A flowmeter that measures velocity is designed to measure the flow of a gas whose temperature is controlled within 3°C of its setpoint of 27°C. What is the approximate flow error resulting from the expected temperature fluctuation?

A. ±1 percent

B. ±3 percent

C. ±5 percent

D. ±10 percent

The output of a flowmeter that measures fluid velocity will increase (or decrease) linearly as the size of the fluid increases (or decreases). Therefore, the effect of a 3°C temperature change on the flow measurement depends upon the amount by which the gas volume changes.

One might be tempted to select Answer D because the temperature change is almost 10 percent (27°C to 30°C). However, the change in size of the gas is related to the change in its absolute temperature, which is relative to the temperature at which all heat is removed — not relative to the freezing and boiling points of water.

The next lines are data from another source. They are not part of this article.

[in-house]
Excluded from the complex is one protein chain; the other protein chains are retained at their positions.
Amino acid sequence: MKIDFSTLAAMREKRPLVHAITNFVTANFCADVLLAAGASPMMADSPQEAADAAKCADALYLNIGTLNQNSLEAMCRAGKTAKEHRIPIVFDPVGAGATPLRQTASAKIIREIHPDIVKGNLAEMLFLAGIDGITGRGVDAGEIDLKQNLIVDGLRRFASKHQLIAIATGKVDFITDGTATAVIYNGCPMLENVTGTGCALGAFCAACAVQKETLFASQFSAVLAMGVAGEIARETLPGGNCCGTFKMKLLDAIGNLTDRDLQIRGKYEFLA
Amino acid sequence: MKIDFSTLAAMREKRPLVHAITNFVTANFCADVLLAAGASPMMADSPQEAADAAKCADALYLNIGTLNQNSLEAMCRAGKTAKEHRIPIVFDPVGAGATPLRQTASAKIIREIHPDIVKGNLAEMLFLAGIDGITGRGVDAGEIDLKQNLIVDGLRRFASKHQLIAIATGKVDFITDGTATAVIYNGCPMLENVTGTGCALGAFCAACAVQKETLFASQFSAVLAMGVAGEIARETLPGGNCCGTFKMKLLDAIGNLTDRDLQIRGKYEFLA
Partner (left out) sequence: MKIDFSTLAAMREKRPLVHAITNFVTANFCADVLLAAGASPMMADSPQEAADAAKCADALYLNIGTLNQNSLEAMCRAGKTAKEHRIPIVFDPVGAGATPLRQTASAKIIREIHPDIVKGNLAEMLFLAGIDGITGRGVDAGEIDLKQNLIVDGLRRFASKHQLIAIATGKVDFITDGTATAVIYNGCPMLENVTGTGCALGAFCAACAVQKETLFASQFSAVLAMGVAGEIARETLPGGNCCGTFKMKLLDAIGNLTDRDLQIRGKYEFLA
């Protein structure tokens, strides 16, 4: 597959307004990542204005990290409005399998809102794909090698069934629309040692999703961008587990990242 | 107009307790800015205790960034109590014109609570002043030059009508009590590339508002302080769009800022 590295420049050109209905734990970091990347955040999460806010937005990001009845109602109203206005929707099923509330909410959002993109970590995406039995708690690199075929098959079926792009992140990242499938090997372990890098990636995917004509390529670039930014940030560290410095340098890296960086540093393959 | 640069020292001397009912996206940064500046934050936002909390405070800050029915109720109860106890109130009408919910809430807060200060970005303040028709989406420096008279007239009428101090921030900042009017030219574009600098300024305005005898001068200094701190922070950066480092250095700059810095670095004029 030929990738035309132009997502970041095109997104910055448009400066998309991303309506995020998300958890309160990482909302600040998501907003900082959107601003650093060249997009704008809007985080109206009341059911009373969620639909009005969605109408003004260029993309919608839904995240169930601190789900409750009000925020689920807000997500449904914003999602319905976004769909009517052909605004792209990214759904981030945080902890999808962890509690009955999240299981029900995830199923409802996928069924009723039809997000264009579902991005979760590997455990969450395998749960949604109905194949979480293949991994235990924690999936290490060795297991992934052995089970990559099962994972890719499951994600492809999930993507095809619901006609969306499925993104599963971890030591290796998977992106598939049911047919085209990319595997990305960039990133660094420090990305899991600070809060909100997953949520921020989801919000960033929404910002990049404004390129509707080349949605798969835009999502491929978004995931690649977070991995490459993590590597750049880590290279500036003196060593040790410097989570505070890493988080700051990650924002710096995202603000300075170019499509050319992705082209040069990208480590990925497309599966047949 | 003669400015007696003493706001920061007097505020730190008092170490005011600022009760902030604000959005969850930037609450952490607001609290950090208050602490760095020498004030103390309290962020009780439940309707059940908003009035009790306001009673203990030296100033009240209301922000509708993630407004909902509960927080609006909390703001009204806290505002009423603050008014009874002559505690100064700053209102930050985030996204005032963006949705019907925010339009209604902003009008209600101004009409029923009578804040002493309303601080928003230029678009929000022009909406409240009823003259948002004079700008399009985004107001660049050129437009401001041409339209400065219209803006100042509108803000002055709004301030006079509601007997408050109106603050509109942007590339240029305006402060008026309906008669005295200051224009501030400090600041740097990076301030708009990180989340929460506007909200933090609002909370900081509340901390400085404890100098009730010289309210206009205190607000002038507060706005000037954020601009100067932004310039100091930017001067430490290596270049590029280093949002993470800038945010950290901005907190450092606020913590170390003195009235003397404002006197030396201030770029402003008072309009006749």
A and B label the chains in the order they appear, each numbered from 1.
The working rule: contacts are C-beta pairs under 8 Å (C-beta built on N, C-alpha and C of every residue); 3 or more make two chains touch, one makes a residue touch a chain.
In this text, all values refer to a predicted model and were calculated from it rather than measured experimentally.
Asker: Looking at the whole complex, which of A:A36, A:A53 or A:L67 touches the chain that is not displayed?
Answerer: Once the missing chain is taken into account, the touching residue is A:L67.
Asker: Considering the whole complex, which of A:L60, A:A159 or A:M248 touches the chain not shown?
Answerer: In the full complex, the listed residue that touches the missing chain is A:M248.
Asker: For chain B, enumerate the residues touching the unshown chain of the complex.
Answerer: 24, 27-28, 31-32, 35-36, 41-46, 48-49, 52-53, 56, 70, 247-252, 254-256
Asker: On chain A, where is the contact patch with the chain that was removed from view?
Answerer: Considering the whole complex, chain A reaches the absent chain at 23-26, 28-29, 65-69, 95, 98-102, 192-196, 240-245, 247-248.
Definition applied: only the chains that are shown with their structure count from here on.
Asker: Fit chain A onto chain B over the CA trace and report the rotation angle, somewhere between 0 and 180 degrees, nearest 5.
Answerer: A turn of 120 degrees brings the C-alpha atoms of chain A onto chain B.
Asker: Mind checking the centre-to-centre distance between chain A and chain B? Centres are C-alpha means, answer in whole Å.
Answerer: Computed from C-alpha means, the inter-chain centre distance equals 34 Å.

The setpoint of 27°C was, not coincidentally, chosen for this application because it approximates room temperature and corresponds to an absolute temperature of 300 Kelvin. A 3°C temperature change represents a 1 percent change in absolute temperature and a 1 percent volume change (Charles’ Law), so Answer A is correct.

The answer may seem academic but a deeper understanding reveals that even relatively small temperature variations under nonextreme operating conditions can have a significant effect on flowmeter performance, especially since flowmeter accuracy specifications are often better than 1 percent of rate. The effect under actual conditions can be dramatically larger.